How do characters come into being? How do they grow and mature, develop likes and dislikes, tastes, desires, triggers and fears? Is there a magic formula to creating a story character who feels real and relatable? Or is it just accidental happenstance when somehow that undefinable boundary is crossed, and an imaginary person transcends the pages and becomes something more. I suppose the answers vary as widely as all the fiction authors who have ever been, and all the characters they have created.
I suspect many authors draw from their own lives, from people they have known, friends, family, co-workers, modeling their characters after them in some way. It makes sense. Then if you needed to find a motivator, a fear, a schism of some kind, you’d only need to tap into your knowledge of that person in your life. Of course this also leads to the inevitable trap of that person (or someone who knows him or her) figuring it out, and then you’re in a certain kind of creek without a paddle. You’ve just told a real person all the things you think they believe and fear and love, all their faults and flaws and annoying mannerisms…yeah, that’s risky.
Another approach, a little closer to home, is to draw from within yourself. Create characters from who you are, or perhaps versions of yourself you’ve always wanted to be. Perhaps even those versions of yourself you struggle to make sure you never become. Still risky, but also quite an excursion into knowing yourself, don’t you think?
Still a third approach is to create them from nothing, deciding upon every facet of their character by what I call the ‘PFA’ method (plucked from air), or some form of random chance. Gamers roll the dice for their characters’ strengths and weaknesses, charisma, intelligence, beauty and so on, and then sort of decide how their life went that led them to have those strengths and weaknesses. Some truly unique and hard-to-believe characters can be generated this way, with the equally challenging difficulty of making them believable to a reader.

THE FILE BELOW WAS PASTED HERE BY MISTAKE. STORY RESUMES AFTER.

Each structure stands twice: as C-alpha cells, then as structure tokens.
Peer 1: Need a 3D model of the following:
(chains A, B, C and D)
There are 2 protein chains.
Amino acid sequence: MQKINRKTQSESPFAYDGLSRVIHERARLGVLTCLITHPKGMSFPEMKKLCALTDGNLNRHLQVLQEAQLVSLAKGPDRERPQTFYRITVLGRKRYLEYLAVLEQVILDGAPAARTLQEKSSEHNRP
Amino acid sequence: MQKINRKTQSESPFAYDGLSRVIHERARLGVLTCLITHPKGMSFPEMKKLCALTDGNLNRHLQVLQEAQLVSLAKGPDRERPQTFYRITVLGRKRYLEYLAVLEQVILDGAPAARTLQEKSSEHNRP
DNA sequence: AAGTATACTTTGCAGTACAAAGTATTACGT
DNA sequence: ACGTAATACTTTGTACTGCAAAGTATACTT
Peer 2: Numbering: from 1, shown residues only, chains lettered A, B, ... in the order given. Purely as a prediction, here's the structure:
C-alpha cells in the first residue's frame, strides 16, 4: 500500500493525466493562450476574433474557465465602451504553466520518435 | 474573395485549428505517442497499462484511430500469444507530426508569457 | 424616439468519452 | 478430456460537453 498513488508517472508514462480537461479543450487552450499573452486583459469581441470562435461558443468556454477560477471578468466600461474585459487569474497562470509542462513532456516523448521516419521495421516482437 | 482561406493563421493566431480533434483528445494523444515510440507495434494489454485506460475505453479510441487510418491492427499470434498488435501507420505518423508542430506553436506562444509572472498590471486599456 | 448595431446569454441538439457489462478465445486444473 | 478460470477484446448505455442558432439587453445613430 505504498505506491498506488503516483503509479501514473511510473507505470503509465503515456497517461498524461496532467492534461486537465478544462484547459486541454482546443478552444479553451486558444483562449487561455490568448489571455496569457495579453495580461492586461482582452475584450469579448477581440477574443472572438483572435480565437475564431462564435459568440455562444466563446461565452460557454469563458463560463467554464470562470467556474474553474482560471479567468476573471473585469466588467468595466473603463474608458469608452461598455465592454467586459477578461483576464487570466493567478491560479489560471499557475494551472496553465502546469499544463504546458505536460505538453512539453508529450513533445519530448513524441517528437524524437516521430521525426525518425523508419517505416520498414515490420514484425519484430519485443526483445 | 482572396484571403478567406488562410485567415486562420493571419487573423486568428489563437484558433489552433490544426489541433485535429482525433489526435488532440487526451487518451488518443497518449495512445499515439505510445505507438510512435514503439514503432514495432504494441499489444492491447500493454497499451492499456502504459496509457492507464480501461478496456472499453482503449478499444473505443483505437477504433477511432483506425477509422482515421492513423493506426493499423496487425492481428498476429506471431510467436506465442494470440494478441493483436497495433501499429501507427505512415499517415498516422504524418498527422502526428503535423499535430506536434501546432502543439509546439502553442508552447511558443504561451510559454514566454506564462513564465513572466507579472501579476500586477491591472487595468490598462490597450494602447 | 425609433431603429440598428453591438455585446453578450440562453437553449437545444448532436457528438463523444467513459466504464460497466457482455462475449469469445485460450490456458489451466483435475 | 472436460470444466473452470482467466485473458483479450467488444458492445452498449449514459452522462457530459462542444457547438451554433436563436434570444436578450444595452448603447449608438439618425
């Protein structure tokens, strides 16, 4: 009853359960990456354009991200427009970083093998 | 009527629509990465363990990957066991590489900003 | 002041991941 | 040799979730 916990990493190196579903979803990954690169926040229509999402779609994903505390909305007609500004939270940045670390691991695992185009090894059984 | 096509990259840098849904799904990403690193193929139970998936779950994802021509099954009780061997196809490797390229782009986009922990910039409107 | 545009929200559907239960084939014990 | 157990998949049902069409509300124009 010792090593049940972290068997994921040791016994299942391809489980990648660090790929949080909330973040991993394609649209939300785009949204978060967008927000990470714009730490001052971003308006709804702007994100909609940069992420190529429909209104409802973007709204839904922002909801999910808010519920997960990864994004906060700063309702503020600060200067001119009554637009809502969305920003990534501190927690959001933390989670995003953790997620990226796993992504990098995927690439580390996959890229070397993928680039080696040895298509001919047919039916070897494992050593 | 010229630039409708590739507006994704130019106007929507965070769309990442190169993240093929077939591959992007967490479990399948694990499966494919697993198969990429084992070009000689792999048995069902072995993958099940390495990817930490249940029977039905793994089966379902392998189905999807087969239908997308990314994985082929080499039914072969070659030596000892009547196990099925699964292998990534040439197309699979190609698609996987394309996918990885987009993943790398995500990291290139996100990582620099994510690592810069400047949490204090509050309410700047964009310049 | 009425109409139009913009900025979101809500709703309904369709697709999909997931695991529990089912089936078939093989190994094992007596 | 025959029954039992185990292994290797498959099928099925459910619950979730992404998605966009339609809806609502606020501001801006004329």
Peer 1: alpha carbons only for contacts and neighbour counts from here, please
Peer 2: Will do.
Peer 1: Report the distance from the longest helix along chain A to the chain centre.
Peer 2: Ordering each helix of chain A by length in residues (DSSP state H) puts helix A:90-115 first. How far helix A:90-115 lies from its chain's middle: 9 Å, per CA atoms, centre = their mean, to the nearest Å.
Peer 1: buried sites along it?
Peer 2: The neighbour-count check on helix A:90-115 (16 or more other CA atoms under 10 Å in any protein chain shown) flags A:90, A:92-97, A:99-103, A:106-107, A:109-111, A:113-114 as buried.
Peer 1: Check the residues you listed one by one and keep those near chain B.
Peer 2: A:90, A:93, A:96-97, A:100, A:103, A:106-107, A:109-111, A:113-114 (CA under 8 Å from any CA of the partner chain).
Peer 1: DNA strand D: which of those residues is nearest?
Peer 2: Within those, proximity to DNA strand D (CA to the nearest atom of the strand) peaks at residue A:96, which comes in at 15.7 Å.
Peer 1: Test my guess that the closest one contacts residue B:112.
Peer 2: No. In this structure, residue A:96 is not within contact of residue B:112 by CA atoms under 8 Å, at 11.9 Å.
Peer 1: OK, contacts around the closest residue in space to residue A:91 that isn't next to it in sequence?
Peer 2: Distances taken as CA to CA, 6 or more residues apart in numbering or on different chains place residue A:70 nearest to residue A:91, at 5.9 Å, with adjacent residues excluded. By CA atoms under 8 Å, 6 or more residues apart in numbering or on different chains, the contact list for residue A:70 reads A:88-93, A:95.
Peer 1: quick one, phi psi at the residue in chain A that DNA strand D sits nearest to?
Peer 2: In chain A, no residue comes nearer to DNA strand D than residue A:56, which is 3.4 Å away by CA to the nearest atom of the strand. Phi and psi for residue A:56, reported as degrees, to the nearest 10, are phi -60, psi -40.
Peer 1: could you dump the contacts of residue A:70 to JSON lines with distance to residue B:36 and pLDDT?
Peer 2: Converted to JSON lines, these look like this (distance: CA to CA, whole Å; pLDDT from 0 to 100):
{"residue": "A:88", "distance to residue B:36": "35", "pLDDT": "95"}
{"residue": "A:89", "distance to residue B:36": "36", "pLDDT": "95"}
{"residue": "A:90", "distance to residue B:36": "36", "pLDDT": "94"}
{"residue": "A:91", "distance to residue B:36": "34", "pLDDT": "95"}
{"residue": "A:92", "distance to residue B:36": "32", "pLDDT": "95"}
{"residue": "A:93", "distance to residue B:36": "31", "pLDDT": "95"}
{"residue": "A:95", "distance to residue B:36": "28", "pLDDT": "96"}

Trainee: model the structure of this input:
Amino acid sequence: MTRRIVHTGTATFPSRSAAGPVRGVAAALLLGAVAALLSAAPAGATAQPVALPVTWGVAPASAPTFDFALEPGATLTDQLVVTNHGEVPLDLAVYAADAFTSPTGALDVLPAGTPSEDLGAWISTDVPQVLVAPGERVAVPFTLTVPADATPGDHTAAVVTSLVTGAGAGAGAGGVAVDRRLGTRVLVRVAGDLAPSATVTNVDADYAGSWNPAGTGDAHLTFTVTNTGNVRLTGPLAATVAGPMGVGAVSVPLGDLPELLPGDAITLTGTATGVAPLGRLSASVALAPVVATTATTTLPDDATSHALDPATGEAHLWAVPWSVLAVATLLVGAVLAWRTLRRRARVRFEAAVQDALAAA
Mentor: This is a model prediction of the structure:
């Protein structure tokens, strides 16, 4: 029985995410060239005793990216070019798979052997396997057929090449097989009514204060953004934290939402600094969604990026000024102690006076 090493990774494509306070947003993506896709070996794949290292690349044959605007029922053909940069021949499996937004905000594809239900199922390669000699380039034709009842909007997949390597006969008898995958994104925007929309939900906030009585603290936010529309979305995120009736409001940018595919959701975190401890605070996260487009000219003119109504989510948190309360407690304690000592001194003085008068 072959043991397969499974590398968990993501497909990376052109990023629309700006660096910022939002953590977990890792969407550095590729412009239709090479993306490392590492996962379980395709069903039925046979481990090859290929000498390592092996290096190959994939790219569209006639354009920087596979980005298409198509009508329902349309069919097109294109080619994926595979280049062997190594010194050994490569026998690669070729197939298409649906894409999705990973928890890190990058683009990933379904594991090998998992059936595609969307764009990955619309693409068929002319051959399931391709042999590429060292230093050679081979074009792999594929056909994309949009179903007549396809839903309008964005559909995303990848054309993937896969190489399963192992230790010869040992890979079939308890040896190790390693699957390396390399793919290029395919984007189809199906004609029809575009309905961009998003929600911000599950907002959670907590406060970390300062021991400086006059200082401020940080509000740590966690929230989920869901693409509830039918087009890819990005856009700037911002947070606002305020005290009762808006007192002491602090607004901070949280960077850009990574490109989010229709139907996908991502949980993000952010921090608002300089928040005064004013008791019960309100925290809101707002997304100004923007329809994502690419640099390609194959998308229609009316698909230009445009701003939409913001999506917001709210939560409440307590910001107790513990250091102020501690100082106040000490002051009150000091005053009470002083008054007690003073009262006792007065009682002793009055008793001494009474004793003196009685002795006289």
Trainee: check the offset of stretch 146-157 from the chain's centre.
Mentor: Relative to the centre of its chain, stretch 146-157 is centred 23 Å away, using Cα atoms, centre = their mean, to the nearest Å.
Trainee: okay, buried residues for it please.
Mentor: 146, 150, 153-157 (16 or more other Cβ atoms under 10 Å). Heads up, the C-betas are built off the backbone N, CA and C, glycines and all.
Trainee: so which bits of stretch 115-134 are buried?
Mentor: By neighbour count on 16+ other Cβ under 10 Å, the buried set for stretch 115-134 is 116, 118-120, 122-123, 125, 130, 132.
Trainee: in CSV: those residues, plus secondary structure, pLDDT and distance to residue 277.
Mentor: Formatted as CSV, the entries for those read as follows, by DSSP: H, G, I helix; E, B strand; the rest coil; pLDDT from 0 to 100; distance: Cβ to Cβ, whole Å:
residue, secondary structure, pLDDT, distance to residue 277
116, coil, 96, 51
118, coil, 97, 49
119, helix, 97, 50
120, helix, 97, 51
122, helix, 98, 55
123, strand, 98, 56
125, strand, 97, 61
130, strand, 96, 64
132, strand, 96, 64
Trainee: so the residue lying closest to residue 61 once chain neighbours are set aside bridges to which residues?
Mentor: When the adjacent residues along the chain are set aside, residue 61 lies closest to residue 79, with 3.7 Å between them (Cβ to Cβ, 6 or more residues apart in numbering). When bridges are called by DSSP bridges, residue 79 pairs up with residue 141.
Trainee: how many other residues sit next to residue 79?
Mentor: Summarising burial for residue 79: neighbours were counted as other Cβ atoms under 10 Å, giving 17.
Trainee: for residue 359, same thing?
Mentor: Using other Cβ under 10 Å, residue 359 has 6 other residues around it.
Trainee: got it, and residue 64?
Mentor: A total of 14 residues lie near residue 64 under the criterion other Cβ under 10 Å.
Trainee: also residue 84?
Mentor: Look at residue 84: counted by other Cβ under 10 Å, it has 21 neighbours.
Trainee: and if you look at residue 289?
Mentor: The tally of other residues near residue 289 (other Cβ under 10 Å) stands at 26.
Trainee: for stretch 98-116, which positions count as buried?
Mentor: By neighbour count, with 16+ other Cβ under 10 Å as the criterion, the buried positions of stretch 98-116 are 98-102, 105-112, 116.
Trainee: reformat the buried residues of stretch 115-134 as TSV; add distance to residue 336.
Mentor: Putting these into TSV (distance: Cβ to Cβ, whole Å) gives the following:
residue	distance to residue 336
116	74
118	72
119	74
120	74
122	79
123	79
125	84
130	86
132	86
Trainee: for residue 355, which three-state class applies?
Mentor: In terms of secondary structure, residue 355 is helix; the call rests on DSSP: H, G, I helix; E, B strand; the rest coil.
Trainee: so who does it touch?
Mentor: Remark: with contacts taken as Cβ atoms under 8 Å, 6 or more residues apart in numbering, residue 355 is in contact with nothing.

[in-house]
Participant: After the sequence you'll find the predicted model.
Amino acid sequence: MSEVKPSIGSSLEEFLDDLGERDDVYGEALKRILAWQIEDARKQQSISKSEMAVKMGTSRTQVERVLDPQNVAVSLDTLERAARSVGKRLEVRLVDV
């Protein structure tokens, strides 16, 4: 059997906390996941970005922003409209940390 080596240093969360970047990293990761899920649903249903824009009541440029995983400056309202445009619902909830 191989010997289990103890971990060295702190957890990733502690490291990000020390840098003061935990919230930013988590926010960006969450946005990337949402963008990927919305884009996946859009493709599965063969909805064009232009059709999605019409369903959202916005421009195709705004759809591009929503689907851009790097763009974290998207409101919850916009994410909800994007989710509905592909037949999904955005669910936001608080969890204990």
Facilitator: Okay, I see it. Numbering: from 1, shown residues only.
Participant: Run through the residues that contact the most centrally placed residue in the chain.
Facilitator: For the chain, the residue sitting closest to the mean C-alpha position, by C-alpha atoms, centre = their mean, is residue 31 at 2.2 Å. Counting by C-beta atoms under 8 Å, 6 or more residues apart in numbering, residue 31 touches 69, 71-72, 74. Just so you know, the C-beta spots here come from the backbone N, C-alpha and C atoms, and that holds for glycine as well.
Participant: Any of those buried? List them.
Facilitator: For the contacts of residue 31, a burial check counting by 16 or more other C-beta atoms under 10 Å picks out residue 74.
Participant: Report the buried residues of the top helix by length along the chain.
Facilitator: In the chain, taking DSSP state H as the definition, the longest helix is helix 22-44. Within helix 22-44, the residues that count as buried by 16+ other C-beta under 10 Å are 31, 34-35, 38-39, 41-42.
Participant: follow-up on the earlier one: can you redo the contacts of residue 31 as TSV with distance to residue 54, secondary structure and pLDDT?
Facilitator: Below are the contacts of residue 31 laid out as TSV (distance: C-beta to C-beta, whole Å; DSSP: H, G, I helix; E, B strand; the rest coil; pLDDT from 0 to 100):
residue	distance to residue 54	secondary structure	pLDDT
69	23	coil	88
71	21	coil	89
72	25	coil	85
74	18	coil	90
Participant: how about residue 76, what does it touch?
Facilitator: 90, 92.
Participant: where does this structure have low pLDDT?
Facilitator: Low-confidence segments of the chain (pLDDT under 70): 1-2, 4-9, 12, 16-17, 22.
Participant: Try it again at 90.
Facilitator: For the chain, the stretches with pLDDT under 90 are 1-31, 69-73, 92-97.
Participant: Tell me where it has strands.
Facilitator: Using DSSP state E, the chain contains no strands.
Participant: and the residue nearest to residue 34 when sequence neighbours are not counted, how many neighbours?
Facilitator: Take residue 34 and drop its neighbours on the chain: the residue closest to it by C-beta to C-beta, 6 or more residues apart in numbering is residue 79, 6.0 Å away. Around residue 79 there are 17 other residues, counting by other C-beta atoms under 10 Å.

How do we do it at Legends of Cyrradon? The short answer is: a little bit of all of the above. Sticking to one method or another, I think, would tend to make for one-dimensional characters, whose personalities were as thin as the paper they appear on. A story with depth and complexity should have characters that are likewise layered.
It’s no secret our family enjoys role playing games. Rolling up characters is great fun. Rolling the dice, choosing character classes, choosing a race, deciding what they look like, what kind of clothing and equipment they have, deciding on a little origin story, that’s the first big adventure! Then we send them off into the wild where they get to explore and make the best (or worst) of their randomly-generated stats, and see how they fare! At first it’s about the numbers, the hit points, the proficiencies and equipment. But more than that, it’s about the decisions they make, and what motivates them in that moment. What does a half-orc warrior with no clothes who stumbles into a country homestead owned by three old crones in the dead of a winter night say to convince them to help him?